4. On quiet, unfamiliar streets walk in the middle of the road
This one also works when home. Doing this reduces your chances of being pulled into dark alleys, doorways and cars. Just keep an ear out for traffic - which leads to the next point ...
5. Remain alert, aka: don't listen to music with both headphones in
When in an unfamiliar environment always remain alert. One of the best ways to do this is to listen to music with one headphone in. While having headphones in can deter unwanted attention, you don't want to be so distracted you're caught unaware in the instance of trouble. This method allows you to keep both your eyes and ears on your surroundings.
6. Stay sober
It's a hard one to bear, but it's better to forgo drinks when travelling alone. A woman drinking alone always invites some form of attention, and more importantly, remaining on guard and aware of your surroundings is nigh impossible when drunk. If you do choose to drink, your hotel bar is probably the safest bet. Also make sure you sit at the bar, befriend your bartender and promptly inform them if you start to feel unwell or have unwanted attention.
7. Snap license plates and record drivers' details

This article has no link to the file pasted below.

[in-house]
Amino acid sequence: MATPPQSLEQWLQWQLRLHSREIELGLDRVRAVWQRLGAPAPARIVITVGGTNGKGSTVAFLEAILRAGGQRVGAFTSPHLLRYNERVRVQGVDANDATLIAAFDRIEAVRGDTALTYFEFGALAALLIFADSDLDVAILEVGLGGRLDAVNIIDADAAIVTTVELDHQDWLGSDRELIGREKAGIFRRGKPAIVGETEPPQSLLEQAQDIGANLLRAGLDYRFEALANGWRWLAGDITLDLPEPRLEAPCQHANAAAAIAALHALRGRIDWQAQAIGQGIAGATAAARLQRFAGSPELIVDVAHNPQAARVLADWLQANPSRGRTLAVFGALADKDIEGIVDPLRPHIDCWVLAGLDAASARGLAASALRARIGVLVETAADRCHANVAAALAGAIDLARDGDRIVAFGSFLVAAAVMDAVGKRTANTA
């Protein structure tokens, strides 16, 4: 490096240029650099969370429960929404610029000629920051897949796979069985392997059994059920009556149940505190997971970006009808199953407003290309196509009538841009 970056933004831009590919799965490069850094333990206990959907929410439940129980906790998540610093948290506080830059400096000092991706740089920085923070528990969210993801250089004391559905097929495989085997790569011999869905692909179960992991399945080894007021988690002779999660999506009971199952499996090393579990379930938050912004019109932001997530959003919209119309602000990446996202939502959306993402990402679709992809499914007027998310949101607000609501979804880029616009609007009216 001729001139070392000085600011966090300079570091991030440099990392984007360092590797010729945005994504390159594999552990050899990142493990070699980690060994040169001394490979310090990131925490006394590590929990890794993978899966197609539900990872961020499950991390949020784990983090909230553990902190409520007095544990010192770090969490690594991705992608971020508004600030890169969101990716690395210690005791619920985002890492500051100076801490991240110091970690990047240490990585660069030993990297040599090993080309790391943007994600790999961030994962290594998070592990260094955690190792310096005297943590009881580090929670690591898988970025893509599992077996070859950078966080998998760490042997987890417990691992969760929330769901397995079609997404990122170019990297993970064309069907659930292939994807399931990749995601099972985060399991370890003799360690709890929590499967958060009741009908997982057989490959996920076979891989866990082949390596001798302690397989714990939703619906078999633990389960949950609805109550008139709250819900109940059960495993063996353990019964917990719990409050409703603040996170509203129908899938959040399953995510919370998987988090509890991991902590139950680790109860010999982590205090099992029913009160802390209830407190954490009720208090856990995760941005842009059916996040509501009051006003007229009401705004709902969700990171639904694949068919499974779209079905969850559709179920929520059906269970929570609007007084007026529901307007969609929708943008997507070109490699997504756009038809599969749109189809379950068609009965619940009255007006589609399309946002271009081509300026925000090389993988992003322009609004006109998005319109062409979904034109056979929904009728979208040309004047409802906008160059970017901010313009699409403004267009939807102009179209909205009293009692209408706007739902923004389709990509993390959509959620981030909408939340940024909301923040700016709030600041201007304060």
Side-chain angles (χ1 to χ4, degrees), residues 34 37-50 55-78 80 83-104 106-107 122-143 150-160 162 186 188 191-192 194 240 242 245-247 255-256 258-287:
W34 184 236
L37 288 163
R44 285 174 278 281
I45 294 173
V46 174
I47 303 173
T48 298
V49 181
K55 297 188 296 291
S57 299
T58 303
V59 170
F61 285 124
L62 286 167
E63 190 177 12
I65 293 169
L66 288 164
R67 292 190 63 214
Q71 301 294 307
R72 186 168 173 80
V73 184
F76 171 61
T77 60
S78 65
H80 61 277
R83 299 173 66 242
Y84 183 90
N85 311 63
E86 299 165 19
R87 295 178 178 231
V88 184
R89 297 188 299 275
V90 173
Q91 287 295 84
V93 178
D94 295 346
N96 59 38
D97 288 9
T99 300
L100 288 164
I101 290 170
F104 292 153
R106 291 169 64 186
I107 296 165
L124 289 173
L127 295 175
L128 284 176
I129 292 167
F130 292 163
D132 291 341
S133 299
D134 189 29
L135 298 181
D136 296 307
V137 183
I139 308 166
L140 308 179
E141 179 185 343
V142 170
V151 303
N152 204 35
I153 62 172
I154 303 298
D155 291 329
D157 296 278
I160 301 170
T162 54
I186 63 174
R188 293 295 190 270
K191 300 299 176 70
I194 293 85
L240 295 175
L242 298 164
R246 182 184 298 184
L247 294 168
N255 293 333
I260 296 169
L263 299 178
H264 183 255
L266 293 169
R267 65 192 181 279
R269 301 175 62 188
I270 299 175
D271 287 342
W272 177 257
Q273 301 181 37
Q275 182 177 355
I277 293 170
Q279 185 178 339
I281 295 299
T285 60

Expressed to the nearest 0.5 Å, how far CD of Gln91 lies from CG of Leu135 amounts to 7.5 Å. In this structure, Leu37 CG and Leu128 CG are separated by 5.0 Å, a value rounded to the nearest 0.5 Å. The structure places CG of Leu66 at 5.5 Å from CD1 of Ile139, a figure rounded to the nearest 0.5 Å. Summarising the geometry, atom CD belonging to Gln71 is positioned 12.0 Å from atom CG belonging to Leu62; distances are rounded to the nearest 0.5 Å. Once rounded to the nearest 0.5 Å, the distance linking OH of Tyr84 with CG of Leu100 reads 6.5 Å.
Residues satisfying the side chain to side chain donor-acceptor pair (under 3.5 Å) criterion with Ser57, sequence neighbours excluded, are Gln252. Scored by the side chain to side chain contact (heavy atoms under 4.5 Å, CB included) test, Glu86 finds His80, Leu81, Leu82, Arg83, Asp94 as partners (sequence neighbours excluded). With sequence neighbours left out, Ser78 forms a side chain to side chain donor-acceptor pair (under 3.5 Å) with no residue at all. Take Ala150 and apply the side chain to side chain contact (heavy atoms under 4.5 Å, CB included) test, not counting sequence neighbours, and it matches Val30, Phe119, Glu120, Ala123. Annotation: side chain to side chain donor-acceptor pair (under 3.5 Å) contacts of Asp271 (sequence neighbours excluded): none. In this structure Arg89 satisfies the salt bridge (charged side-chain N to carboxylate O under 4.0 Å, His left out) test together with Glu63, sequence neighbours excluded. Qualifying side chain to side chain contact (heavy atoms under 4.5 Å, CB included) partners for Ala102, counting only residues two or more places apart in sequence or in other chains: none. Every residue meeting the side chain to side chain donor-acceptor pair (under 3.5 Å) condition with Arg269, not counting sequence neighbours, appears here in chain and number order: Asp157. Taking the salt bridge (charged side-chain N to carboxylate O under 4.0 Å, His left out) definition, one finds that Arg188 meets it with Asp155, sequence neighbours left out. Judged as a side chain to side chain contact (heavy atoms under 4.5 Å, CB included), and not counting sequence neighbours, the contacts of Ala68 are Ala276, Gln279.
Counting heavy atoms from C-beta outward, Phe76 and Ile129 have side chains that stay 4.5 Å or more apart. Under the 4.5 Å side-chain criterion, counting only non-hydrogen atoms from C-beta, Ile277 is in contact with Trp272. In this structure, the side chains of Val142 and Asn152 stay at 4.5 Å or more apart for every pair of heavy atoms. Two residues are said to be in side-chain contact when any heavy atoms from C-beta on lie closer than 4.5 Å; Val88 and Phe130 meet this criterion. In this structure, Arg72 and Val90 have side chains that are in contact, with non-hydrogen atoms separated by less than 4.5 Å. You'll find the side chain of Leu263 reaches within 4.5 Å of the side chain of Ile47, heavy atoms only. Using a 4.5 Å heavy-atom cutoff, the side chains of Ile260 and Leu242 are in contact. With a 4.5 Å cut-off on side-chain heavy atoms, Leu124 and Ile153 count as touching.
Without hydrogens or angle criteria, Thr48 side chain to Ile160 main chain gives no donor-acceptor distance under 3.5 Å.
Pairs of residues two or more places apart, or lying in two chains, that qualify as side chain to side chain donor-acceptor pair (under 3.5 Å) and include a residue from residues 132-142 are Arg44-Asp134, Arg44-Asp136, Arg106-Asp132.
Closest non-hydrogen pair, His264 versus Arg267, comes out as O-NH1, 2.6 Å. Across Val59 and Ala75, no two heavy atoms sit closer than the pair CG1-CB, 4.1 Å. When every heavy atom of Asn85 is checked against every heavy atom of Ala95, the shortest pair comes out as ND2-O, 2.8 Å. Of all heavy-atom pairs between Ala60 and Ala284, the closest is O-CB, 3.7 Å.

This is a handy habit to get into, as it safeguards you against creepy drivers and makes tracking down lost items that much easier. If your driver becomes affronted and asks what you're doing, you can diffuse the situation by saying you once lost your wallet and it's something you always do now. After that, if he is still uncomfortable get out of the car and take your chances with another.
8. Don't be afraid to say no
Politeness is usually ingrained in us so don't be afraid to be firm when turning down unwanted gestures - especially if there are language barriers at play. Don't rationalise, or apologise as that sends a conflicting message. Just say "No, I'm not interested." Safety trumps rudeness every time!
9. Trust your gut!
Millions of years of evolution has resulted in a damn good fight or flight response. While it's easy to write things off as paranoia as a female, your first instinct about a person, or situation, is usually always right. Listen to your gut and if something doesn't feel safe, walk away.
Ladies remember, the world is your oyster - an oyster that at times can be fraught with peril so stay vigilant and adventure on.